Spotlight On: Discover Economics
It’s the next installment of our new series Spotlight On, where we explore issues that matter the most to you, with professionals in those fields.
This time we’ve teamed up with Discover Economics - a campaign led by the Royal Economic Society aiming to broaden the appeal of economics to young people, attract students from underrepresented groups and change perceptions of economics and economists. They’re here to tell you more about the diversity gap in the economics industry and what they’re doing to bridge the gap...
Have you ever thought about studying economics? Do you even know what the subject is about? Do you know what careers you might get from an Economics degree? Let's start with the basics.
What is Economics?
A textbook (or Wikipedia) definition is that economics is a social science that deals with allocating scarce resources in the face of unlimited wants. If that isn't very illuminating, it's just a fancy way of saying economics is the science of choice.
Economists are social scientists who study people and behaviour, specifically, the choices people make given their limited resources. These choices can cover a broad range of things, including every aspect of your life; from what you eat, what you wear and where you go on holiday, to what you study, where you live and what job you do; all these choices involve a trade-off (an economic transaction) at one point or another. Economists try to understand the factors and incentives that shape choices and how those choices affect individuals and society – using both analytical and data tools to get deep insights.
It's not just individuals who make choices; companies have to decide what to produce, who to hire, and how much to spend on research and development. Governments also choose how much to spend on infrastructure, who to tax, and what regulations to implement. There are some big choices ahead for policymakers – how to tackle climate change, how much to reduce carbon emissions, and how to help groups who have been disadvantaged by the COVID-19 pandemic. Economics deals with all these issues.
What can you do with an economics degree?
Many economics graduates work as economists, forecasting the macro-economy (looking at the decisions of countries and governments), providing expert advice in industry, government, and central banks. An economics degree also gives you a great skill set to use in a wide range of different careers. You learn to simplify complicated problems, develop analytical skills that can be applied in any industry, and understand how different markets work. Want a job with a tech company? Economics also equips you with the skills to handle and analyse big data.
You may be surprised to learn that the biggest employer of people with economics skills is the NHS – they need a lot of analytical thinkers with good data skills. With an economics degree, you will be well-equipped to tackle some of the most significant technology, health, sustainability, and finance problems.
What is the diversity problem in economics, and why is it important?
Currently, several groups are under-represented among economics students. This includes students from ethnic minority and state-school backgrounds as well as women. A lot has been talked – and done - about the lack of women in STEM, but the situation in economics is just as bad, if not worse.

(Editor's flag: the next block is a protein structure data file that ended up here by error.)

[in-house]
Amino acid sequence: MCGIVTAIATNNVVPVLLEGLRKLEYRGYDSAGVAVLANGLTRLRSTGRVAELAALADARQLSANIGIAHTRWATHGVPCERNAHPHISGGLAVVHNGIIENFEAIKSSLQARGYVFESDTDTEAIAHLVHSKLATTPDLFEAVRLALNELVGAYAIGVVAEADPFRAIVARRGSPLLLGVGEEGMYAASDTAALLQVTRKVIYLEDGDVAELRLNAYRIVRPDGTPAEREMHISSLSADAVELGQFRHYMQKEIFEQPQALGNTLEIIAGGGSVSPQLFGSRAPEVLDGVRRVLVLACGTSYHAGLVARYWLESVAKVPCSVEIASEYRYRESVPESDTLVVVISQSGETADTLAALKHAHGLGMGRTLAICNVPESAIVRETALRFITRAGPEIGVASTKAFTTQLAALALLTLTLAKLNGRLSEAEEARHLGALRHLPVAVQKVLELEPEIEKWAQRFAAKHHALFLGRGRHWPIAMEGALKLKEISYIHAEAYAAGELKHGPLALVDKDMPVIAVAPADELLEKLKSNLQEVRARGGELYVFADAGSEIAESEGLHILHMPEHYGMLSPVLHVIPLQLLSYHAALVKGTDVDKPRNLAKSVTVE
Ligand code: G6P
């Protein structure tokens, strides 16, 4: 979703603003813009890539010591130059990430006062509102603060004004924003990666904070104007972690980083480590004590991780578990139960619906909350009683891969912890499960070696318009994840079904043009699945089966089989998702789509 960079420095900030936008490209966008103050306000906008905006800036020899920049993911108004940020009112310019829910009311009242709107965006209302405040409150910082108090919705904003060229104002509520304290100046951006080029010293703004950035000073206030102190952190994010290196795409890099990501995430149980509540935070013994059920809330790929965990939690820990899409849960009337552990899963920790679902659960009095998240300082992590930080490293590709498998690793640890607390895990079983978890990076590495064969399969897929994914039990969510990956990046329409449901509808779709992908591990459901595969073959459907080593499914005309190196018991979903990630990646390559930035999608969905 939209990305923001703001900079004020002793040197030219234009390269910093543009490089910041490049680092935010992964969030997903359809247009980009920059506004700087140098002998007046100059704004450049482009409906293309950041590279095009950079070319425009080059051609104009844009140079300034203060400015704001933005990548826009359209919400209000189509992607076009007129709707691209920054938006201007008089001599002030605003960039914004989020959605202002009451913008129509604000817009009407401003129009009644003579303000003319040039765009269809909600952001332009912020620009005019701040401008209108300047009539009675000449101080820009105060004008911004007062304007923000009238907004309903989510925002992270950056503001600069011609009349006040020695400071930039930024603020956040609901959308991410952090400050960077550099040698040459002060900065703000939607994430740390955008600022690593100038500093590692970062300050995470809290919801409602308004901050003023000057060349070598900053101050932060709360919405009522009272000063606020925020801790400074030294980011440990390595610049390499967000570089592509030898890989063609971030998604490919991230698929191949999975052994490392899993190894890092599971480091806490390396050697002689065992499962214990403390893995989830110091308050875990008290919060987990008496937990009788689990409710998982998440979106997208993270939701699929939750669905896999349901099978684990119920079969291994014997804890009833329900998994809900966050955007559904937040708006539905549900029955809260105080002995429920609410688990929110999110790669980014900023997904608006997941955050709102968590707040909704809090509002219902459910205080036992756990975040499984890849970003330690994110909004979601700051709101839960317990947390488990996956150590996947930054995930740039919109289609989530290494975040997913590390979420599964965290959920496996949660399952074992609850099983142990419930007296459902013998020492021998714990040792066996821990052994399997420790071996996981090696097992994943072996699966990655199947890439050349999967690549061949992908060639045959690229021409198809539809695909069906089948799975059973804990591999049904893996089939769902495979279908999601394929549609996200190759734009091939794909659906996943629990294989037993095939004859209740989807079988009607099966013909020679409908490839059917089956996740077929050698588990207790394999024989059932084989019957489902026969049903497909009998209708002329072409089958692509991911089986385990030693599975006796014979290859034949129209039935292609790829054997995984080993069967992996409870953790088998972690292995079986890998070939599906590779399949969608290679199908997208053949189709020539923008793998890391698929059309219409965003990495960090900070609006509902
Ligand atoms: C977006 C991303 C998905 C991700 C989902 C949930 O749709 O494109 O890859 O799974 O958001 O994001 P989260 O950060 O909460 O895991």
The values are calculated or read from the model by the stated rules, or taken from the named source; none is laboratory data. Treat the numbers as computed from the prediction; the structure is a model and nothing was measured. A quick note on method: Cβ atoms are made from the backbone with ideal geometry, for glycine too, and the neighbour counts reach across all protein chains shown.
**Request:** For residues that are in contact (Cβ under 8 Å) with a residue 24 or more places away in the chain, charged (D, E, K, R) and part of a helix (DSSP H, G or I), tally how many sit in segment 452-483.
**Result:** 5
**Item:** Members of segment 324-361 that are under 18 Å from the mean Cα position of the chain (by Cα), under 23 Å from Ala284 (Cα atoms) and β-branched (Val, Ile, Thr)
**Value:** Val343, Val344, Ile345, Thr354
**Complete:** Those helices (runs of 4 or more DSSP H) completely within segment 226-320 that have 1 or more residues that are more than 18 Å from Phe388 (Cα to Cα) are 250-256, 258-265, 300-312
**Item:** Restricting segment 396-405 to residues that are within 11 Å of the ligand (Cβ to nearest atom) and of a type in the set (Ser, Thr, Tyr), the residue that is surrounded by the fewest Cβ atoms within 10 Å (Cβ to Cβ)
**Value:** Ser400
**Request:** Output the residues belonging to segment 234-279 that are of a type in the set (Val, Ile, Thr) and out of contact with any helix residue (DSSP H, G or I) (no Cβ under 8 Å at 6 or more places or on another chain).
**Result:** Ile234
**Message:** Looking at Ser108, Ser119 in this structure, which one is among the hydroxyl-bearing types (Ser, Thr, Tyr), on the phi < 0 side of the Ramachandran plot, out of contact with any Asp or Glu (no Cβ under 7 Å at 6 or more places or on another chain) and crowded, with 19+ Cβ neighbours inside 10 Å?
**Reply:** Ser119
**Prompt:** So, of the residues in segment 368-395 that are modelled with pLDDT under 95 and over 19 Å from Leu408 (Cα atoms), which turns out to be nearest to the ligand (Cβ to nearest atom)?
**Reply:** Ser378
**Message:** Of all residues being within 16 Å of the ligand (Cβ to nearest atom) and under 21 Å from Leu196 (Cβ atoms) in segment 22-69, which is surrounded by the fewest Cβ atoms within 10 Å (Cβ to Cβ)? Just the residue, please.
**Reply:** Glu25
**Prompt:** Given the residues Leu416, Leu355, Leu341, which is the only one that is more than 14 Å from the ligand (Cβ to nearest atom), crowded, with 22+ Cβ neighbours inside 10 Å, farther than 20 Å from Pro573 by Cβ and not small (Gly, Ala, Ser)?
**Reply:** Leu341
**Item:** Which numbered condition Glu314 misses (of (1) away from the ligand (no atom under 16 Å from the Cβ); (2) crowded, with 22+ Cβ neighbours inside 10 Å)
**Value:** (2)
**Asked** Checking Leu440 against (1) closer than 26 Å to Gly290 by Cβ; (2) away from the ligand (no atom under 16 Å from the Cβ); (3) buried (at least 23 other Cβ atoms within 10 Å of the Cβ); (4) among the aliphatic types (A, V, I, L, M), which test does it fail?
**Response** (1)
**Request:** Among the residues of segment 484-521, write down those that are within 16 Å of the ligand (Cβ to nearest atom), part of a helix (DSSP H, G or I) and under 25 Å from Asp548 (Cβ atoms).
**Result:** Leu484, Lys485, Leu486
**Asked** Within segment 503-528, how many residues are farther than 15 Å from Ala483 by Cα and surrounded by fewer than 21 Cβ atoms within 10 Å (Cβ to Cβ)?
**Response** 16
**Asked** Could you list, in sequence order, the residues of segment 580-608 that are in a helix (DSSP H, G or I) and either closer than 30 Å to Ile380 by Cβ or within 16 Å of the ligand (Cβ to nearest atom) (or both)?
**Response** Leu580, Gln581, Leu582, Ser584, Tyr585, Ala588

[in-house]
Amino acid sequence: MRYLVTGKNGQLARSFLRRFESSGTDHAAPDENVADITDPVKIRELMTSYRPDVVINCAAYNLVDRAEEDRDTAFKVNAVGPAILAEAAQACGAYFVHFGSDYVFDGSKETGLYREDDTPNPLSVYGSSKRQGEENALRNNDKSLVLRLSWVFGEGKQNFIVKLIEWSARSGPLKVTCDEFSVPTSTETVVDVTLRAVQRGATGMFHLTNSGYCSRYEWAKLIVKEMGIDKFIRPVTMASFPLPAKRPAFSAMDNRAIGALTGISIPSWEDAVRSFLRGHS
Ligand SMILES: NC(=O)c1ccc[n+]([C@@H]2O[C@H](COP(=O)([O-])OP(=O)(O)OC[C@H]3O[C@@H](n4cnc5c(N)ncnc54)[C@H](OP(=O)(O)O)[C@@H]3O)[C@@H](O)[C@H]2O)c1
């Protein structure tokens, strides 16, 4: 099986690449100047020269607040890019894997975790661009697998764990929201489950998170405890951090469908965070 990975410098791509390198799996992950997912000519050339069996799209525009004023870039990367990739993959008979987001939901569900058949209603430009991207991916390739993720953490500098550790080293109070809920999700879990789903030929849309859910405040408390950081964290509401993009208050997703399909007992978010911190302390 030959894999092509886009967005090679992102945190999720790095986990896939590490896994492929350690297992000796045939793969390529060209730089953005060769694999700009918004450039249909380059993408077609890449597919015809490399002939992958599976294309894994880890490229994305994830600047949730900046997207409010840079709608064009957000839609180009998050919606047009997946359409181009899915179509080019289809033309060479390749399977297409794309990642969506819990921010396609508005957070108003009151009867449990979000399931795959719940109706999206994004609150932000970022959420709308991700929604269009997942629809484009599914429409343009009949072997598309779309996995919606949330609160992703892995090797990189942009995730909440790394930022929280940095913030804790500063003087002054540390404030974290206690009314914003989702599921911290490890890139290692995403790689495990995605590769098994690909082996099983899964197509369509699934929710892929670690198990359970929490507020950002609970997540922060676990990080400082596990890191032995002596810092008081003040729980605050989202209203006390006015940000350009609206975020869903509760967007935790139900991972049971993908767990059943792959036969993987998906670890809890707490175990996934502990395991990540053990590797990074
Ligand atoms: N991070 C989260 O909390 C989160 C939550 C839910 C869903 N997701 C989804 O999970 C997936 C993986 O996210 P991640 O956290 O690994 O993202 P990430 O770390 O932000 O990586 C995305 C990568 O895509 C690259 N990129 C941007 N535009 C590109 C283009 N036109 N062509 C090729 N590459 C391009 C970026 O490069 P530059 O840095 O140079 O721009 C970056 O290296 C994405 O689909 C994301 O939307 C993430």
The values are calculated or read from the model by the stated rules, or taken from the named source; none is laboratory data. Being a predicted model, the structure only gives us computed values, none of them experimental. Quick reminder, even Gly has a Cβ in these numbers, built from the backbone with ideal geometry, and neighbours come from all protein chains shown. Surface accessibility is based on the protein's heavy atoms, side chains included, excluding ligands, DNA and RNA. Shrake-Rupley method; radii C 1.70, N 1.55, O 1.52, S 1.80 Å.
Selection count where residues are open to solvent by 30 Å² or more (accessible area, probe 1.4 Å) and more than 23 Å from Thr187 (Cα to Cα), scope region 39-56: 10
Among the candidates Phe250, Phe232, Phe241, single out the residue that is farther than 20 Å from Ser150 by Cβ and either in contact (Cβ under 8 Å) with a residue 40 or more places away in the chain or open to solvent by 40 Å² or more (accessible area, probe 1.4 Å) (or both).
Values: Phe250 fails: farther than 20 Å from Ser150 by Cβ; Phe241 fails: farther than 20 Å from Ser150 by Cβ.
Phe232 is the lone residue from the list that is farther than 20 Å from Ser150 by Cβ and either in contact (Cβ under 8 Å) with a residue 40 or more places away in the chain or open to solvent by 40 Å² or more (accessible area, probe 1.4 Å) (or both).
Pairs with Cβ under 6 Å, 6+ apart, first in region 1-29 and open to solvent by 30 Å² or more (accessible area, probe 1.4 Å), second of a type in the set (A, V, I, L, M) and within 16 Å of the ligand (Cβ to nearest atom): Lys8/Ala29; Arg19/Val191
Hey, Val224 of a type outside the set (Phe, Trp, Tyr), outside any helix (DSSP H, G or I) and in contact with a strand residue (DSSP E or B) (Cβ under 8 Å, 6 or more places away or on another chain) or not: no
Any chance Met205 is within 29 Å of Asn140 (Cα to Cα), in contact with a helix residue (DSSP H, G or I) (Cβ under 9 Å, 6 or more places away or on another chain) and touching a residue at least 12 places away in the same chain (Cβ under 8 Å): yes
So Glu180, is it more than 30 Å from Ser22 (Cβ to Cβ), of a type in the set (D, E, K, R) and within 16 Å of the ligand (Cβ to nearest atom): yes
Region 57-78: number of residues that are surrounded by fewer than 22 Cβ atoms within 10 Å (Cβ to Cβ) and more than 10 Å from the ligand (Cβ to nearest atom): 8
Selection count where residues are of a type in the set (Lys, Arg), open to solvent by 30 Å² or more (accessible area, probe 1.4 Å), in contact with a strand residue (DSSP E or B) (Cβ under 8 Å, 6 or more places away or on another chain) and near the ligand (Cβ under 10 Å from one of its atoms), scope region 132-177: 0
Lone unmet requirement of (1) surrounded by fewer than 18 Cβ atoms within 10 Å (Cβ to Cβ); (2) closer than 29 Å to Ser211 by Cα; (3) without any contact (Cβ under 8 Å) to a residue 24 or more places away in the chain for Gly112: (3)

This diversity problem is important for two main reasons. First, society is changing and becoming more diverse, but the economists that sit at the heart of policymaking are not changing. If the people making policy decisions and shaping institutions are not representative of the broad and diverse community, this can lead to ineffective policies that do not benefit large groups of people and potentially exacerbate existing inequalities in the UK.
Second, economics graduates tend to be, on average, among the highest-earning graduates (second only to medicine) and go on to powerful positions in business and government. Studying economics can lead to a materially rewarding and influential career. If women or people from ethnic minority or disadvantaged backgrounds are not pursuing these careers, they miss out on these rewards, perpetuating ethnic and gender pay gaps.
What is Discover Economics, and how do I get involved?
Discover Economics is a campaign led by the Royal Economic Society which aims to:
- Broaden the appeal of economics to potential students
- Change perceptions of economics and economists
- Attract more students from under-represented groups to study economics
The campaign was set up to target the problem that many young people lack opportunities to find out about economics because it isn't an option at their school/college, or they didn't get a chance to take it because of the limited number of subjects taken beyond GCSE.
We provide information and create opportunities for the target group of 15–17-year-olds to learn more about the subject and the career opportunities it opens up. We have run panel discussions and careers events and launched mini-campaigns for Black History Month, International Women's Day, and Pride Month to showcase a diverse range of economists. We also have a series of podcasts in which leading economists answer the question, ’how did I get here?’ And, we are excited to launch a student champion programme - open to economics and non-economics students - in the autumn to link university students with schools.
Find out more about diversity in economics on our website. If you are a student, make sure to sign up for our newsletter, follow us on Twitter, share our updates and lookout for opportunities to get involved and find out more.